Vancouver Art in the Sixties

Forays Into Modernism

As western institutional support for “Indian art” grew in the late 1940s, Aboriginal artists drew on and applied, in varying degrees of proficiency, modern art mediums such as water colour, oil, and mural paintings. By the 1960s, many artists were print makers, colourists and figure drawers. They mixed, for example, crest-styled images with painterly landscapes, and they combined western art practices with traditional ones. George Clutesi painted, a legend-based mural on the Expo ’67 Canadian pavilion in Montreal with the brushes left to him by Emily Carr, and published his first book. Chief Dan George used his status as a film actor to publicly perform a soliloquy about the impact of colonial history on the “Indian.”

Chief Henry Speck, Moon Mask Dancers

Chief Henry Speck, Moon Mask Dancers

The 1960s also marked the beginning of a Northwest coast cultural “revival” which was supported by the Massey Report and Canada Council, by museums and galleries. As part of a discursive shift of artifact to art, this discourse can be dated to 1930s art exhibitions in the U.S., Norvel Morriseau’s 1962 private exhibition in Toronto, and the 1967 Vancouver Art Gallery’s, Arts of the Raven: Masterworks of the Northwest Coast. The exhibit, co-curated by Bill Reid, Wilson Duff and Bill Holm, mirrored a kind of Greenbergian modernism of genius and form, with its formalist ban on subject matter and theatricality. As such, the art of the Haida was exhibited as ‘the best’ in terms of its rules of abstraction in contrast to the theatrical Kwakwaka’wakw. All other arts fell into a geographical and race-based vertical mosaic—the most developed in the north, to the “most primitive” in the south. Ironically, this formalist development took place parallel to a period of anti-hierarchical western art practices in which there were cross fertilizations between all the arts. For example, bodily and performative practices emerged as recognized genres, often extended with the new medium of video. These avante-garde practices stand in sharp contrast to the market-driven, development of Northwest coast ‘fine art’ that would eventually eclipse almost all other aboriginal art practices on the Northwest coast.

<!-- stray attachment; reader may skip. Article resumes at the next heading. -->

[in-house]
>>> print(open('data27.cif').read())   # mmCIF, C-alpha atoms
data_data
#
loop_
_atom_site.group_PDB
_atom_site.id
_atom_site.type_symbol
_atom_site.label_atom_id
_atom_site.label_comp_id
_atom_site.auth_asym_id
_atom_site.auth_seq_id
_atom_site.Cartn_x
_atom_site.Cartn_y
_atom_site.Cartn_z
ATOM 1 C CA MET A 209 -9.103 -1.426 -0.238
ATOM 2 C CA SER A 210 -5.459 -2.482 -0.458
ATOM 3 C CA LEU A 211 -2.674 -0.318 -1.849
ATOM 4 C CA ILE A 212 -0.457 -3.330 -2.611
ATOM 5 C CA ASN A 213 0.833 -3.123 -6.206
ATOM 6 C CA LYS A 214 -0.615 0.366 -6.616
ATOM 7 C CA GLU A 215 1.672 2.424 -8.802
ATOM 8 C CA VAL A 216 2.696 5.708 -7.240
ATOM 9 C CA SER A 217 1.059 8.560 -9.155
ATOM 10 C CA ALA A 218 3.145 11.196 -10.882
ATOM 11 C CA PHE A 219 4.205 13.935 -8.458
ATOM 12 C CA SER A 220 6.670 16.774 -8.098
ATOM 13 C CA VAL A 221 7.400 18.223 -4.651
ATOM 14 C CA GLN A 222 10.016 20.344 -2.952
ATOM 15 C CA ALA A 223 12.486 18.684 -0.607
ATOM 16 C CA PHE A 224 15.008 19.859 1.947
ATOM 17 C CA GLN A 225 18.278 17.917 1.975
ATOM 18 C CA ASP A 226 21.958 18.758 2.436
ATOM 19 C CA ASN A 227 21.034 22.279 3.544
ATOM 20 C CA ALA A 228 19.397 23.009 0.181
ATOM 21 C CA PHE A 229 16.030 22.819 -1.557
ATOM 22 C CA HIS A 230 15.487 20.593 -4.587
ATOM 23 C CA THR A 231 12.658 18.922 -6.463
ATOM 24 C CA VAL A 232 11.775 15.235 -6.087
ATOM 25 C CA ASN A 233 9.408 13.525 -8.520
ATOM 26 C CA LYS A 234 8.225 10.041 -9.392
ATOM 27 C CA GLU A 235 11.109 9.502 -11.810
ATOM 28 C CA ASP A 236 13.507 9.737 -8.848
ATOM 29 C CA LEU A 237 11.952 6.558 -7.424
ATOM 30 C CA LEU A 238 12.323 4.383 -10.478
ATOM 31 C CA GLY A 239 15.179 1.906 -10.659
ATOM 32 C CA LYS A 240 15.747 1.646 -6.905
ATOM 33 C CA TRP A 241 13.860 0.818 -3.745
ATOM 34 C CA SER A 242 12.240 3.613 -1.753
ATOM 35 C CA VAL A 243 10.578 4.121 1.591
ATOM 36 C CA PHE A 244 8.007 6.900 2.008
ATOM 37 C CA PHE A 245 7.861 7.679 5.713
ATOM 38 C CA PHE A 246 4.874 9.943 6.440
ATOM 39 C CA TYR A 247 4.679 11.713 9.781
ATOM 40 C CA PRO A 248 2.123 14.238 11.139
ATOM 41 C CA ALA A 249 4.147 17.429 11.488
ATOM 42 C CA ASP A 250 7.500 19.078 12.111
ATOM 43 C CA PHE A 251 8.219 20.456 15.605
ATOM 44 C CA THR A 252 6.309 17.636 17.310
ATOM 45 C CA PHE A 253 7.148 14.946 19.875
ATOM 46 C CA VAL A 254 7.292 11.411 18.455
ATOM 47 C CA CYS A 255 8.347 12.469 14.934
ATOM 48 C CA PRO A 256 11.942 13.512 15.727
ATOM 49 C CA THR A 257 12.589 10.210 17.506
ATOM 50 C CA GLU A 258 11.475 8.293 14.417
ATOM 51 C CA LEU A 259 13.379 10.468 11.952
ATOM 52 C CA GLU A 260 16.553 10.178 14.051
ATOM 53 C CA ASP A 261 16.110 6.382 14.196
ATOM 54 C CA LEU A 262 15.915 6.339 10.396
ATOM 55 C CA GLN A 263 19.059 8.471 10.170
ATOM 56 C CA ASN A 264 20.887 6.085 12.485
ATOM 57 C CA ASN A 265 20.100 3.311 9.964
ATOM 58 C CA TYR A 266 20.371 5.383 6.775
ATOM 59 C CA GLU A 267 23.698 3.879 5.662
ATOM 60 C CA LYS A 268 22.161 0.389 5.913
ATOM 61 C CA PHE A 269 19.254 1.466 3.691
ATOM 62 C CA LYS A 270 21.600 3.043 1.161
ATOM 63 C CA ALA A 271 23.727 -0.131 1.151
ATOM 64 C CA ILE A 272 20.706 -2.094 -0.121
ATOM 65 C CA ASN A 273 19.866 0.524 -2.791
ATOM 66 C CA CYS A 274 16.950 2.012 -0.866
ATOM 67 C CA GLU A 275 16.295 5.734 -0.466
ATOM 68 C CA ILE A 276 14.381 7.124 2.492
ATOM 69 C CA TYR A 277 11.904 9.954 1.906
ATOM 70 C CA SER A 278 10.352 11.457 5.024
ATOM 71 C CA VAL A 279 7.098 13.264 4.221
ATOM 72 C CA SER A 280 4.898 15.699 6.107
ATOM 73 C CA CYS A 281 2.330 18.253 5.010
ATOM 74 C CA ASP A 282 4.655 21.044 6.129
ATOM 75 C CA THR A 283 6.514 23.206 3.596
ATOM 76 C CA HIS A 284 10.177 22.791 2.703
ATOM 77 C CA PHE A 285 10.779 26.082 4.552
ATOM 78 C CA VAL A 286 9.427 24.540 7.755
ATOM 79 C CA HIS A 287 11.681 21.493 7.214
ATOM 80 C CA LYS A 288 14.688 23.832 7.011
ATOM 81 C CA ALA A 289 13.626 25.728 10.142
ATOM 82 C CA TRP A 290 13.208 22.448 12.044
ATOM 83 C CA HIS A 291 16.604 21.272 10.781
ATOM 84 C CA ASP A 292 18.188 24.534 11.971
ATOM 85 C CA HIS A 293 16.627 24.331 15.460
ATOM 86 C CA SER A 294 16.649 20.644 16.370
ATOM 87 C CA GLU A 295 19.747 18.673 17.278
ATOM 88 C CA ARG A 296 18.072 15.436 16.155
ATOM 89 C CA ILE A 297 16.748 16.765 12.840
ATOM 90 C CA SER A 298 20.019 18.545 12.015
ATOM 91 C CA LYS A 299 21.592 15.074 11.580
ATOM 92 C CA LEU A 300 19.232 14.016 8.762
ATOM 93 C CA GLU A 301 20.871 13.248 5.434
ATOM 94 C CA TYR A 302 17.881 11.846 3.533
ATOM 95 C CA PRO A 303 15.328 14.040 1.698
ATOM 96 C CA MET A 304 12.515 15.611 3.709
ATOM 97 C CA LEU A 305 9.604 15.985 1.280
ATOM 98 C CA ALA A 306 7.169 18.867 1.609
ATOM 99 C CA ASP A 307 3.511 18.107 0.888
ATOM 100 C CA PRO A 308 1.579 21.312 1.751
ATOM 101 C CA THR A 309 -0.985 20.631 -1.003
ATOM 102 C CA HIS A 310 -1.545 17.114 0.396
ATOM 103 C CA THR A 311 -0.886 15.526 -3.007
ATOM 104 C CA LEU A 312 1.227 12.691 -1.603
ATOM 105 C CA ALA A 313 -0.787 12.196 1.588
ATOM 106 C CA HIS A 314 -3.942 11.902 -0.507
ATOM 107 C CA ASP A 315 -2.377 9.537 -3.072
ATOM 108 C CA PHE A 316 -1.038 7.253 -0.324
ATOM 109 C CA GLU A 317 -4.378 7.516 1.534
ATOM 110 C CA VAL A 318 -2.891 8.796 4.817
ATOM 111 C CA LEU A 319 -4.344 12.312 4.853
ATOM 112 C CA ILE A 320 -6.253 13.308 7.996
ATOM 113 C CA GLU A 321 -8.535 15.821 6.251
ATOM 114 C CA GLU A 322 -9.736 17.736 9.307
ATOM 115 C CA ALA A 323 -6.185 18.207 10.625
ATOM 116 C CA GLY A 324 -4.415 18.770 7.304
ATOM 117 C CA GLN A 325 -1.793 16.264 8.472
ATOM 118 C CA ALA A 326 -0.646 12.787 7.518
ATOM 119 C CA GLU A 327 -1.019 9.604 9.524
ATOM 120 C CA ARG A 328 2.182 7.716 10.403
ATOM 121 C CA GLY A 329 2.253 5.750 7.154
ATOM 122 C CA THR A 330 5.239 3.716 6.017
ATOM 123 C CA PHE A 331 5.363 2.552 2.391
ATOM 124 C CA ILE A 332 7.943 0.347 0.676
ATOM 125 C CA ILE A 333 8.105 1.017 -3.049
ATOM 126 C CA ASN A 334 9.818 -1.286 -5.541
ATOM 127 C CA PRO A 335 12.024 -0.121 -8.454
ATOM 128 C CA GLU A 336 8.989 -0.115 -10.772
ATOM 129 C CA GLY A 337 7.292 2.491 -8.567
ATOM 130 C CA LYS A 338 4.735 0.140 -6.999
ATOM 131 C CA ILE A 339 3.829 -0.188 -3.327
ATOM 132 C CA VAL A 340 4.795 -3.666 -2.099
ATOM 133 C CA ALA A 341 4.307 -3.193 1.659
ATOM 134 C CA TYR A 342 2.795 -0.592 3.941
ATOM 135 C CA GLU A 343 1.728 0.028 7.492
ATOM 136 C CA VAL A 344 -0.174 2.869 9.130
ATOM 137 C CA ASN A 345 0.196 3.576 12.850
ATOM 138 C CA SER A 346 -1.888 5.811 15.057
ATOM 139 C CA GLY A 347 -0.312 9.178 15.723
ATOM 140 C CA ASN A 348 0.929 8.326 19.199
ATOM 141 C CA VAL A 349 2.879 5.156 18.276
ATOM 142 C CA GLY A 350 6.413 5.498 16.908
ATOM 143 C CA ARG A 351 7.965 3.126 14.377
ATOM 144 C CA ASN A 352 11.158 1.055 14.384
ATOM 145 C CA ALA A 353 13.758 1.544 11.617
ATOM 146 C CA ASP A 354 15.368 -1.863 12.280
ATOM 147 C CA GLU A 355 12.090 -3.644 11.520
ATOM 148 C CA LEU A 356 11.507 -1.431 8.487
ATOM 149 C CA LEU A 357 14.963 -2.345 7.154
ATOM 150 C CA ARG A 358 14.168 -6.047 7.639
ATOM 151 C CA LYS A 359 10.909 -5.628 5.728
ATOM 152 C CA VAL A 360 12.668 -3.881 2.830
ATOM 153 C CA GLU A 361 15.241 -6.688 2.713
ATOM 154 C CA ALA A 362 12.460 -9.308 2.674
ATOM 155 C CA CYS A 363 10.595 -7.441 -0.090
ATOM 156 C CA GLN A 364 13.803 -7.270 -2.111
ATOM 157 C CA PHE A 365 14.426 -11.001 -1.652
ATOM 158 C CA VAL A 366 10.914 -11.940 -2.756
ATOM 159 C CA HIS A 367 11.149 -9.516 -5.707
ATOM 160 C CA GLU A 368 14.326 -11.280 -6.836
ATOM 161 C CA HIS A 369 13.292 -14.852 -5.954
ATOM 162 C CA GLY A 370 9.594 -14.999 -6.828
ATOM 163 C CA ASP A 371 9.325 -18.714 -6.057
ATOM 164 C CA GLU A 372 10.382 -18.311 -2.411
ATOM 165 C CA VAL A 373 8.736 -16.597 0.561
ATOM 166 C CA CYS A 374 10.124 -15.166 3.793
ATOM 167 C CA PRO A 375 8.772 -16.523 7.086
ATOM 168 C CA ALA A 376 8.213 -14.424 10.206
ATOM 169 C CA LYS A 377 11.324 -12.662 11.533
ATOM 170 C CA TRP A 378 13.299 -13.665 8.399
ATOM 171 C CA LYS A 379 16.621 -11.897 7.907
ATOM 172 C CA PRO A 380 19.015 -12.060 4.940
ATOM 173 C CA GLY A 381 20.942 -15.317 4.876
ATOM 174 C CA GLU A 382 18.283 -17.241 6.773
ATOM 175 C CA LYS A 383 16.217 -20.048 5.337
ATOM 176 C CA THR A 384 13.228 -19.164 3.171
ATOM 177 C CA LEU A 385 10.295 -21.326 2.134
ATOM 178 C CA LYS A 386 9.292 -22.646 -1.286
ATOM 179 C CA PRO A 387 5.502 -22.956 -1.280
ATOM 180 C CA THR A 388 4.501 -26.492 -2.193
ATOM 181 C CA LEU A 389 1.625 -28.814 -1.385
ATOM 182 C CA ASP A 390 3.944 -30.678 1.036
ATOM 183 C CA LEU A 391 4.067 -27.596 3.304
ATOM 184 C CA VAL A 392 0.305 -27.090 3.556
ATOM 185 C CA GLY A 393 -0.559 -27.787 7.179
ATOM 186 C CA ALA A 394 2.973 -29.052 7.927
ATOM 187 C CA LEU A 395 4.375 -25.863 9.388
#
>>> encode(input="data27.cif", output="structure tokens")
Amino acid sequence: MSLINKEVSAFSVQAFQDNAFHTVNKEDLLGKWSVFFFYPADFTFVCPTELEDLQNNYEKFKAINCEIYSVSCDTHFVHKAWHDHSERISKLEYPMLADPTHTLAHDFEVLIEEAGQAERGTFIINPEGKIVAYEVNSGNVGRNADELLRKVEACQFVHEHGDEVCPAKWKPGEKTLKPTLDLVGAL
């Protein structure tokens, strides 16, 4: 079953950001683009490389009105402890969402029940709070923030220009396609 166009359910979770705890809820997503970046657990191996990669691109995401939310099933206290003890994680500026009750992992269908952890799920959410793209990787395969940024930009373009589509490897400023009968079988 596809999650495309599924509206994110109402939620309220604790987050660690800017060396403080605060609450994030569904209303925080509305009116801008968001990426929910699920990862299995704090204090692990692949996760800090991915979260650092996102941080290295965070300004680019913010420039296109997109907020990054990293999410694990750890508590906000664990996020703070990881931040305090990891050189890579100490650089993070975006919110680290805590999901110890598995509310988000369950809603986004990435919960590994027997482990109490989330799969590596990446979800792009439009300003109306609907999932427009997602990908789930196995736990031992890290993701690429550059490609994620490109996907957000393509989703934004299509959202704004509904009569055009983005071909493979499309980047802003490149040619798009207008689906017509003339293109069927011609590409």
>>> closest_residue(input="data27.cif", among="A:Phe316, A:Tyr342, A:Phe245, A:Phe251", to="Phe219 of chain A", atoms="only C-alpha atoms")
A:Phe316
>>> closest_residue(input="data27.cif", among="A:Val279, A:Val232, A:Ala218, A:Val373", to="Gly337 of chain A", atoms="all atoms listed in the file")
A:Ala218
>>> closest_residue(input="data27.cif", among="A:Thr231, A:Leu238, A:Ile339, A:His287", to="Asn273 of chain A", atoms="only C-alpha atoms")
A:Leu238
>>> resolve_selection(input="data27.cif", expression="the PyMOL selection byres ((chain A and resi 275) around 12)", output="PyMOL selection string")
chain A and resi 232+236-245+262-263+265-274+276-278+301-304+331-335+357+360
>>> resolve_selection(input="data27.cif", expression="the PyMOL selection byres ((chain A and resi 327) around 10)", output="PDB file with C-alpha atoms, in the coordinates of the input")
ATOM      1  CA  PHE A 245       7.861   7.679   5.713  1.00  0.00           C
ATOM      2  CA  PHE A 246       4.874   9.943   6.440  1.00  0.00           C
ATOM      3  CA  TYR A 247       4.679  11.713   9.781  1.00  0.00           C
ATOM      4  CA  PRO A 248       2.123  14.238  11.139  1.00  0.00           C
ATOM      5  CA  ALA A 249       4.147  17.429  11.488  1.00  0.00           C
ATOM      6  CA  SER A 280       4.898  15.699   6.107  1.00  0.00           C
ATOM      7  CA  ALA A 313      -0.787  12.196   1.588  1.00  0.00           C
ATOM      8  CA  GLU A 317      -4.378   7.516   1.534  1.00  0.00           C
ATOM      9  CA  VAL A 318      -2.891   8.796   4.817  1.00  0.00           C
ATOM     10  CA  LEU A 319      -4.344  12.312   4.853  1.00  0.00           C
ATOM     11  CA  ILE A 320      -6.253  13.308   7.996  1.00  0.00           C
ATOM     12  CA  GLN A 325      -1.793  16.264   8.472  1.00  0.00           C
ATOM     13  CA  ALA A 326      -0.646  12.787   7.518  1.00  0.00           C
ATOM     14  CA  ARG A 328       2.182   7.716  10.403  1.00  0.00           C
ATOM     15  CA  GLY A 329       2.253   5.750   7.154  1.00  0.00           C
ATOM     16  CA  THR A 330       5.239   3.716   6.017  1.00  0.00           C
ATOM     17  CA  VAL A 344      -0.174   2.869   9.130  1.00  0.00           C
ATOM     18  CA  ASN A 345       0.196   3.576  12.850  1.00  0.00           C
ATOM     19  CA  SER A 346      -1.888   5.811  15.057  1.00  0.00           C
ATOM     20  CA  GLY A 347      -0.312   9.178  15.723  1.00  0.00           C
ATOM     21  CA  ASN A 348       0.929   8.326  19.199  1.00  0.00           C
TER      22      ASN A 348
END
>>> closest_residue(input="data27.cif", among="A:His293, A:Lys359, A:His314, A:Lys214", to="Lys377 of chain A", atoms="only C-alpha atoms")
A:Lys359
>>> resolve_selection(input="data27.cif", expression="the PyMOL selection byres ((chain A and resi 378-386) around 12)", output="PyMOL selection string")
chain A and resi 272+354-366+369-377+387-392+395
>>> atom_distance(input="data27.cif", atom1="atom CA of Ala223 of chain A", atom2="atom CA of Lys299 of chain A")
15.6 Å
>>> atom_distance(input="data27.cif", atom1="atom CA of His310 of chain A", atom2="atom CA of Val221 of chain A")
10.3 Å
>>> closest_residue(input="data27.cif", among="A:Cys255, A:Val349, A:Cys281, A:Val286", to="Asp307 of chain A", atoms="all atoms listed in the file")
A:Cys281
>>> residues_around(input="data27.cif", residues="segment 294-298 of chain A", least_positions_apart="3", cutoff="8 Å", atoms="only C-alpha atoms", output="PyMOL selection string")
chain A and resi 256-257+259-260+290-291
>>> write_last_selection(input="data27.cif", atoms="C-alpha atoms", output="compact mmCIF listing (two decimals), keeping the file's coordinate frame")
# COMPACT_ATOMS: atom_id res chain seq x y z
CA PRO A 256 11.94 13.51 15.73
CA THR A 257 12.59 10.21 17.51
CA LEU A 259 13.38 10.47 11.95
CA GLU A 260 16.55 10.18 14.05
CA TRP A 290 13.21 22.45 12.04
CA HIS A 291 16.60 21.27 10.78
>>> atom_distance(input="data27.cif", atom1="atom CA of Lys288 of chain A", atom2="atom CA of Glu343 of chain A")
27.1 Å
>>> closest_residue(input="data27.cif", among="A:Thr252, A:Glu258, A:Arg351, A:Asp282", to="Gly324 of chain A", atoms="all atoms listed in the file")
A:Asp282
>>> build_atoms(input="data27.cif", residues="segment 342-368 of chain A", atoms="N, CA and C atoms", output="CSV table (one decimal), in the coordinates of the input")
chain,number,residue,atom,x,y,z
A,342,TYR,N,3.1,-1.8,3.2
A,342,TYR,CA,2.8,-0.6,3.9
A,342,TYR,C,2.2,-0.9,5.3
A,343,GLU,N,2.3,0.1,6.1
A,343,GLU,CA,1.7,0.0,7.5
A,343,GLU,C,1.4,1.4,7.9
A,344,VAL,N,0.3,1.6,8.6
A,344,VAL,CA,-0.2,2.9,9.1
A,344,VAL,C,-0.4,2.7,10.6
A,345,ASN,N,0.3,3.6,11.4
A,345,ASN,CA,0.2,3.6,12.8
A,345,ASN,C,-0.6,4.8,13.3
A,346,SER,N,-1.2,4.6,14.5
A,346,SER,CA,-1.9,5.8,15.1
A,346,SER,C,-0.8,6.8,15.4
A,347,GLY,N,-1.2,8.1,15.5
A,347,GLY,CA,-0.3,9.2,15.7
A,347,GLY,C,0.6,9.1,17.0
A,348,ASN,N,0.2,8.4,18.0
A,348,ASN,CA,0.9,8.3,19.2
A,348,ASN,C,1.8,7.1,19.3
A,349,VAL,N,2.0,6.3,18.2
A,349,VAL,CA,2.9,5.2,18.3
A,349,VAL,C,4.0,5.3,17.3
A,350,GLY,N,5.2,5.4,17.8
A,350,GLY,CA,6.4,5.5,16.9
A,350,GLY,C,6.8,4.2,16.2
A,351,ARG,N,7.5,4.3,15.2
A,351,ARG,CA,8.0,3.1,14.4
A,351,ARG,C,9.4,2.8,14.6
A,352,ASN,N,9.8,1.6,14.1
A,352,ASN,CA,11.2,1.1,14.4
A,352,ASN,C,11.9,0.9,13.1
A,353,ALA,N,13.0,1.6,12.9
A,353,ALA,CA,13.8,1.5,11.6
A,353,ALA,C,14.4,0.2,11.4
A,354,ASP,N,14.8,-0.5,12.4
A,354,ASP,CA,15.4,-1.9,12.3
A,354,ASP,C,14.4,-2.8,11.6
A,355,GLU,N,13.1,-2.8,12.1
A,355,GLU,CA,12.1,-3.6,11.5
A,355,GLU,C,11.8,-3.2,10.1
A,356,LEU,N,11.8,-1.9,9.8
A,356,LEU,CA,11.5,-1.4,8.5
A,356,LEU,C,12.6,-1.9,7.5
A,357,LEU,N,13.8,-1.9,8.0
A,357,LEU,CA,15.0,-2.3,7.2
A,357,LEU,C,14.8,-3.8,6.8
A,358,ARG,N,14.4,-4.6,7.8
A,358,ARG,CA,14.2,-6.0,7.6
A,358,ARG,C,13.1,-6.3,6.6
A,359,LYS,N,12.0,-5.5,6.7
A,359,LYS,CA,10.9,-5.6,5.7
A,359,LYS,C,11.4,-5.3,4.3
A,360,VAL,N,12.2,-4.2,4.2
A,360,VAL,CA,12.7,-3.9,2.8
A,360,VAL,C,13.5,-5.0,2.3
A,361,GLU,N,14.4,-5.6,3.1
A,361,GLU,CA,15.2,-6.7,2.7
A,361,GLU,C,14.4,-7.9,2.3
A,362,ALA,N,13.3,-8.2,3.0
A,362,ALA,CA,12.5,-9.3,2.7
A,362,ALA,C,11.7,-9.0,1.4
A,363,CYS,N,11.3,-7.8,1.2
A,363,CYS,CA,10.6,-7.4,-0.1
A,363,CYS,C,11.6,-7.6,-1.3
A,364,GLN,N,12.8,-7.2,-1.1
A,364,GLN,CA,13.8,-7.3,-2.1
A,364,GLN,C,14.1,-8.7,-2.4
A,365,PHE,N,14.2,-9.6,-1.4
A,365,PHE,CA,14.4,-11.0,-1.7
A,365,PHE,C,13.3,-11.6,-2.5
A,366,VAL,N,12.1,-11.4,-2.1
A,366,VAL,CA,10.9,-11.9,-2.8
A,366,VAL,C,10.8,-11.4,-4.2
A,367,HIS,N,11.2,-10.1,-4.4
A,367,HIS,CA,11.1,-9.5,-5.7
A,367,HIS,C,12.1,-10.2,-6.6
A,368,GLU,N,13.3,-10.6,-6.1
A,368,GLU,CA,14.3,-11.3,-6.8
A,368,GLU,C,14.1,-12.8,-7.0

June 4, 1944



December 1947






June 3, 1965

July 4, 1967


December 29, 1970